Thursday, September 16, 2010

Freedom of the Will in the Massachusetts Bullying Case

In Massachusetts, 6 young people are being charged with various crimes related to the suicide of a 15 year old girl. According to the prosecutors, the severe, repetitive, incessant bullying caused Phoebe Prince to commit suicide. At this point, the bullying case is hinging upon whether the defense will be able to have access to Ms. Prince's medical records, which the defense believes will demonstrate that Prince had a history of mental illness and suicide attempts.
Prosecutors are expected to argue that Ms. Prince’s vulnerability made the bullying all the more reprehensible. If the defendants’ acts are found to have prompted her suicide, they could be legally culpable, regardless of her past, said Andrew Goode, a defense lawyer in Boston.
Interestingly, many purveyors of libertarian freedom would gladly get behind the victim in this case. And yet I can't help but notice that the underlying assumption of this case is that someone's behavior can be "caused" by another. I wonder if there are any Arminians or Semi-Pelagians who would argue that Ms. Prince was not free when she chose to hang herself, since her behavior was caused by another.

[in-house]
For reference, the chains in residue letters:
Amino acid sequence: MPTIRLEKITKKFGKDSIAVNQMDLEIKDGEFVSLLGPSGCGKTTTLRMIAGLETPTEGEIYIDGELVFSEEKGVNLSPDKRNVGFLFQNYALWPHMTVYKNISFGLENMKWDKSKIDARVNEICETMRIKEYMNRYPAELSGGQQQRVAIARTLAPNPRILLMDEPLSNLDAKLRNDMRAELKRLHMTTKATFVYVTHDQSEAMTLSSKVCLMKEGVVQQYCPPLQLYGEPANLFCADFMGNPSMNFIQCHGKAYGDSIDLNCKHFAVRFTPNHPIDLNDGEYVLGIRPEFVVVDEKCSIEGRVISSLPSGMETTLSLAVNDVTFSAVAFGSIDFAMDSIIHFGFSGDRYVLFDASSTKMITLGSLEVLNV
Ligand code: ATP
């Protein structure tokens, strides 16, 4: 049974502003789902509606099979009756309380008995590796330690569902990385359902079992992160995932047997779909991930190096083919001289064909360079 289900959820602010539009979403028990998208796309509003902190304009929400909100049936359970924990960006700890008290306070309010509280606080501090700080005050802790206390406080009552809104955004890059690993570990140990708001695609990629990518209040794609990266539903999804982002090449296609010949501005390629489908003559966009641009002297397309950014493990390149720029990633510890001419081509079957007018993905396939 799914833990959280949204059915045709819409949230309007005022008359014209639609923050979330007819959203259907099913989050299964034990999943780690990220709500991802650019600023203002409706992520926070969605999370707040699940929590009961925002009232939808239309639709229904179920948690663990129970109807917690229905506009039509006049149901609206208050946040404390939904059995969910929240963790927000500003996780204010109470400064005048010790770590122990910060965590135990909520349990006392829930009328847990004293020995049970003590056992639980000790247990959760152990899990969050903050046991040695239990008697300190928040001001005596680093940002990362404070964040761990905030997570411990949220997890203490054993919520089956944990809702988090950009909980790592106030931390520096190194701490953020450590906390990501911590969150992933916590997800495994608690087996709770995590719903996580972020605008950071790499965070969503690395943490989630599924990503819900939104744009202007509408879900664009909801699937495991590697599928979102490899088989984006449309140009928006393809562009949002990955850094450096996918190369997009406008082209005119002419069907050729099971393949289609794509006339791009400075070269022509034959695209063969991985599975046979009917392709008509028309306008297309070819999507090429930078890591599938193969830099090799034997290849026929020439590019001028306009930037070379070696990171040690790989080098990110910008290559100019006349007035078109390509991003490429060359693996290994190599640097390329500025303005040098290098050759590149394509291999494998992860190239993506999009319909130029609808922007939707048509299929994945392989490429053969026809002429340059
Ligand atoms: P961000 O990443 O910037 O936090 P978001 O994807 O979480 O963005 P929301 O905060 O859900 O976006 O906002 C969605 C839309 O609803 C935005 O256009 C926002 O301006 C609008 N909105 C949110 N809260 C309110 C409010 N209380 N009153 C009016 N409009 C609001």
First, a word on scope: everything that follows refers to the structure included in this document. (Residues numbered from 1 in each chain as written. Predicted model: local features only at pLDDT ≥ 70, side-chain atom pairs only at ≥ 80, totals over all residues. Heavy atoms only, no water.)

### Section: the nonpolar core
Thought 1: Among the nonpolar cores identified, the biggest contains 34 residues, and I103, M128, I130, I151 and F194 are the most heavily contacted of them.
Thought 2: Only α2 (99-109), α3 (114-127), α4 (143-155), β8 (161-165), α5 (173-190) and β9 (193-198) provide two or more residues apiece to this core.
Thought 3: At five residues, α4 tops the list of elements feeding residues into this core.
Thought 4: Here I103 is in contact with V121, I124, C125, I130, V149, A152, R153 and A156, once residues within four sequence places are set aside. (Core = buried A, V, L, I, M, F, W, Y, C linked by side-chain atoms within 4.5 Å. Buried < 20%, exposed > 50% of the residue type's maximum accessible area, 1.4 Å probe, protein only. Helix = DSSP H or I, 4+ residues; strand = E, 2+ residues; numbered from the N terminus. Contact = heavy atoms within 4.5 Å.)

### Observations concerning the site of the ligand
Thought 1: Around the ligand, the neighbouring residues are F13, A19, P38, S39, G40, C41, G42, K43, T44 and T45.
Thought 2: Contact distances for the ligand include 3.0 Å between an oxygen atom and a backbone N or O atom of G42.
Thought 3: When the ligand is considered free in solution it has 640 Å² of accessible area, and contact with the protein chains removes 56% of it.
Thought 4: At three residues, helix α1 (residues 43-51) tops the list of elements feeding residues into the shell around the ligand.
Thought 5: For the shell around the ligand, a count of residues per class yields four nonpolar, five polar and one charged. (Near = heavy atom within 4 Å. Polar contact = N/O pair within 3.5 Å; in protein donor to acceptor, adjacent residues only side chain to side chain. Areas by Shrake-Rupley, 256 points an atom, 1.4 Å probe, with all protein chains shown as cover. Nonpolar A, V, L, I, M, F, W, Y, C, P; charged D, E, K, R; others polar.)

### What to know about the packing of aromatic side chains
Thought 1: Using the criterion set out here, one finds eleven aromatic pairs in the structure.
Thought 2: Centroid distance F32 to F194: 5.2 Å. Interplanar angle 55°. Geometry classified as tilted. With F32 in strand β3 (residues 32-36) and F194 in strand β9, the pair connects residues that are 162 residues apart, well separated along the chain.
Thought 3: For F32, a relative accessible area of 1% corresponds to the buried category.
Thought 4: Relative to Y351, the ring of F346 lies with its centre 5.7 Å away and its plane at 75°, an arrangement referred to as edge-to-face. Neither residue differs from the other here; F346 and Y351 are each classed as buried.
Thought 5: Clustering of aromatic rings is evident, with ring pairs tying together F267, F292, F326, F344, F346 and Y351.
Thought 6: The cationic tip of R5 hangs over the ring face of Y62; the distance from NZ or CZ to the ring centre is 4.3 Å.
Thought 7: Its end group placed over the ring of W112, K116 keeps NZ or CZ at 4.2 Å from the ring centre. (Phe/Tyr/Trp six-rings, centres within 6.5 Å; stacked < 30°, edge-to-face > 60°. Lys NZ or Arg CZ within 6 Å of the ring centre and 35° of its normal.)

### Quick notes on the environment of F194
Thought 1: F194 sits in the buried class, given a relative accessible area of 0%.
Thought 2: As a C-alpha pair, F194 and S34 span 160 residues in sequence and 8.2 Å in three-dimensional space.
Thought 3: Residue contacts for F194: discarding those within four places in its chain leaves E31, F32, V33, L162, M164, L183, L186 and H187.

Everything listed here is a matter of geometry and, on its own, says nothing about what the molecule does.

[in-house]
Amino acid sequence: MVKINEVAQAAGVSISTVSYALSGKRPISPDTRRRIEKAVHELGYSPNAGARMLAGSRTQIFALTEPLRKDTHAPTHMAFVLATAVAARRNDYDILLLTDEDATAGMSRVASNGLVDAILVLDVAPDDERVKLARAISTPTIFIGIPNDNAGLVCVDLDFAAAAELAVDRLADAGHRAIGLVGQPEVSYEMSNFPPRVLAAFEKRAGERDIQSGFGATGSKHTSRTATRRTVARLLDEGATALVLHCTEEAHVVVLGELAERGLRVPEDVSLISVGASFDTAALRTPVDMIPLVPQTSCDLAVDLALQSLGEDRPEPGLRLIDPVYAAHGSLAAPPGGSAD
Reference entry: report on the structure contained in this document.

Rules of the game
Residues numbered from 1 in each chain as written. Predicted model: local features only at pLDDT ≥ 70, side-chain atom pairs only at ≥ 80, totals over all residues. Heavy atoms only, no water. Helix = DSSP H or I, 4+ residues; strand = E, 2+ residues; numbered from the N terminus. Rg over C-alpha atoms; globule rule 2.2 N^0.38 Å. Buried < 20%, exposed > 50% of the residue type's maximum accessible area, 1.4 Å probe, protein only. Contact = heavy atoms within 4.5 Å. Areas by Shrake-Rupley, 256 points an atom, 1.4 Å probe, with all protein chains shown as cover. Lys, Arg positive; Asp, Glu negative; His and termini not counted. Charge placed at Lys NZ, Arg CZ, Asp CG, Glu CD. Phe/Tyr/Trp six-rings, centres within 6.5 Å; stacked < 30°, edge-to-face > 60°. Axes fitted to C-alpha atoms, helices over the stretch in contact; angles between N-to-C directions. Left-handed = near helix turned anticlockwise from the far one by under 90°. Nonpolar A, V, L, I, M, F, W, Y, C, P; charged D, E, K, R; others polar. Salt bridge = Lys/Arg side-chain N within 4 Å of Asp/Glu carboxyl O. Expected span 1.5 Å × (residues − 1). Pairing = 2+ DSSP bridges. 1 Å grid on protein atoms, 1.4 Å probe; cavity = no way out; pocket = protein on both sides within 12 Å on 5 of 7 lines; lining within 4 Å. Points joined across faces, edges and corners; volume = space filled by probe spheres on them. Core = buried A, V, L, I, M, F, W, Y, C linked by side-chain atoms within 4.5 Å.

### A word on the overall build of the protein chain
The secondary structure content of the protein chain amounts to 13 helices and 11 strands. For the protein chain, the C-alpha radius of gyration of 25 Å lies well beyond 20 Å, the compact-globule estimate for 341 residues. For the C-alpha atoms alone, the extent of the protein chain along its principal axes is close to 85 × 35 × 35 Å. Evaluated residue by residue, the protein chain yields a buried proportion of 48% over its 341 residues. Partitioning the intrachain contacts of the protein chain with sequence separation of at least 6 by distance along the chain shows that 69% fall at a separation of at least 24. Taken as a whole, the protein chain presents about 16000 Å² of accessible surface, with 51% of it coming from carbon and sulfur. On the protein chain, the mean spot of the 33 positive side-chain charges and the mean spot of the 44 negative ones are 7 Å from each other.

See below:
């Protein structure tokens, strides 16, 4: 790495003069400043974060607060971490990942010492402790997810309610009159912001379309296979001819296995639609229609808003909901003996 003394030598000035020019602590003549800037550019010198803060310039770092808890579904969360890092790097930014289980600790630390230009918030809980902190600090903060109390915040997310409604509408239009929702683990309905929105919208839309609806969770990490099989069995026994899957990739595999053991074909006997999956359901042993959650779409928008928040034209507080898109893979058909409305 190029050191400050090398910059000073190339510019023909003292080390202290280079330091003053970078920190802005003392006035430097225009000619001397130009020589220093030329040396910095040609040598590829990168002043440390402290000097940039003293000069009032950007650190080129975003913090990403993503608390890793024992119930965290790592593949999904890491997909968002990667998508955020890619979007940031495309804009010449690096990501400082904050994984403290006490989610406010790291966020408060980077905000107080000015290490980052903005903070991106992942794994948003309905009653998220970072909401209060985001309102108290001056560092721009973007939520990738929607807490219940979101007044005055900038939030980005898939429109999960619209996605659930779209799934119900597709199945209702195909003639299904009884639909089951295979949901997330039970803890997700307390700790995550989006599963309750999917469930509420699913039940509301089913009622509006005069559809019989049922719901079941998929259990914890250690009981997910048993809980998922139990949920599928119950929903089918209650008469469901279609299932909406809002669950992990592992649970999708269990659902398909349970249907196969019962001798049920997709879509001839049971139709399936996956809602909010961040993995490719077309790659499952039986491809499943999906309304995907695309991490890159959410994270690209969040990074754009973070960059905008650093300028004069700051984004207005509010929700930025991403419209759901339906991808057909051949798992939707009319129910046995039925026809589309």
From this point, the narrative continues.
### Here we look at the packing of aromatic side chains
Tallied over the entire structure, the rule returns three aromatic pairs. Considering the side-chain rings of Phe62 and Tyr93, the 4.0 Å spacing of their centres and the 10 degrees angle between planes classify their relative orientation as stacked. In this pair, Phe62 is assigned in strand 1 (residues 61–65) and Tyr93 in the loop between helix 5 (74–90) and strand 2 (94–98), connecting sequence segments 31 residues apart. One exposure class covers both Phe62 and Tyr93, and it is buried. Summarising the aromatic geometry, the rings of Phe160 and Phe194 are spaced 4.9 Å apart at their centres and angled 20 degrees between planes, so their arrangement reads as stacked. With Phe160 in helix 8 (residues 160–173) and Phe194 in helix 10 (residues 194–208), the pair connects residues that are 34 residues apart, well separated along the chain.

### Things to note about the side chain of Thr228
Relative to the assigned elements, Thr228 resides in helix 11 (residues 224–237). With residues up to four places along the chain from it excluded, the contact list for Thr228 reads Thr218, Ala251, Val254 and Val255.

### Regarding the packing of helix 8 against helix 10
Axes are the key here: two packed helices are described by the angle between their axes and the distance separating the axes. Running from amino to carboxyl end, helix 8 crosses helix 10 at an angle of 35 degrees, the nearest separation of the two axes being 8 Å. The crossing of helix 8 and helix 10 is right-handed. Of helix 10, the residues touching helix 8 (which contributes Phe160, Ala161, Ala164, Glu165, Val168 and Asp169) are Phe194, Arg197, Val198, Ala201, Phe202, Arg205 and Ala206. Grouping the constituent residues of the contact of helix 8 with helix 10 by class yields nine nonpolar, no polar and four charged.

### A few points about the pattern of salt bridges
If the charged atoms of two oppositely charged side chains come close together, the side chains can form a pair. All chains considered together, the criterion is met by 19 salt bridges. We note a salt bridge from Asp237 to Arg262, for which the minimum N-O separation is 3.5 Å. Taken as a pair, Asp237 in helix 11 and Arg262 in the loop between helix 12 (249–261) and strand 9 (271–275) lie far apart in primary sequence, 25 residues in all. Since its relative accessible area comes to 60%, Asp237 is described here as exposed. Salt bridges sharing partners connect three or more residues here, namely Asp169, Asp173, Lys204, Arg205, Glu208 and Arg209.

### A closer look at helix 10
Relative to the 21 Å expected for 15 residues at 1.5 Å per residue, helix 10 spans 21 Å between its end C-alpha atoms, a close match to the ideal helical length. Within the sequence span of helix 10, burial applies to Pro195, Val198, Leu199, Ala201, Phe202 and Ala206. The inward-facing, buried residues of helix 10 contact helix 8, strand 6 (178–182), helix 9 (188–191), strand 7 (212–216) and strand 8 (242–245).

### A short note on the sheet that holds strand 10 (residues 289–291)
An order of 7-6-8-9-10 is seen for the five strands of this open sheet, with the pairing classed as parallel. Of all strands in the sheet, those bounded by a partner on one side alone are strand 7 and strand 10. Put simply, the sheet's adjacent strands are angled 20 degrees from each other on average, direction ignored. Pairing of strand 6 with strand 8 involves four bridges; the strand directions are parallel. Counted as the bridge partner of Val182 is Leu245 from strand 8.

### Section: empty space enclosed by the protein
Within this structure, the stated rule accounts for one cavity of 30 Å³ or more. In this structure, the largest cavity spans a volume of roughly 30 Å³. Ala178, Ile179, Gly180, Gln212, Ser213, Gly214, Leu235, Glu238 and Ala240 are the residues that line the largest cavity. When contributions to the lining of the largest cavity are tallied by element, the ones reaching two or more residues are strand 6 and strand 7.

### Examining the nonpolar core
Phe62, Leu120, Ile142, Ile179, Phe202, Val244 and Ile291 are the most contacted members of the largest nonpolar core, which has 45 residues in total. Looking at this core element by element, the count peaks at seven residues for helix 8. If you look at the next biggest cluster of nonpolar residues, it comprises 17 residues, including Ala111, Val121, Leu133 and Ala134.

In either case, the assumption is not that the defendants are innocent because you cannot "cause" another person's behavior. As the defense attorney says, "The state is trying to say that my client’s behavior was the catalyst for her taking her life, but these records might show there were other reasons." Rather, the argument is that there were other factors in Ms. Prince's case which show that the bullying was not the only cause. I wonder why the defense attorney does not simply cry out, "Free will! Free will! Ms. Prince did this of her own free will!" It seems like the simplest way to go, and a jury might just buy it.

In either case, notice that the entire assumption of the case hinges on the principle that one person can be then antecedent cause of another's behavior. This seems to confirm Jonathan Edwards' statement that the legal system rejects the Arminian notion of freedom and liberty.

On another telling note, this trial is taking place in Northampton, Mass.; home of none other than Jonathan Edwards himself. I wonder what President Edwards would have to say from his pulpit about this case if he were in Northampton today...

1 comment:

  1. If the legal system truly rejected the free will point of view, every defendant would be found not guilty because they were not in control of their actions.


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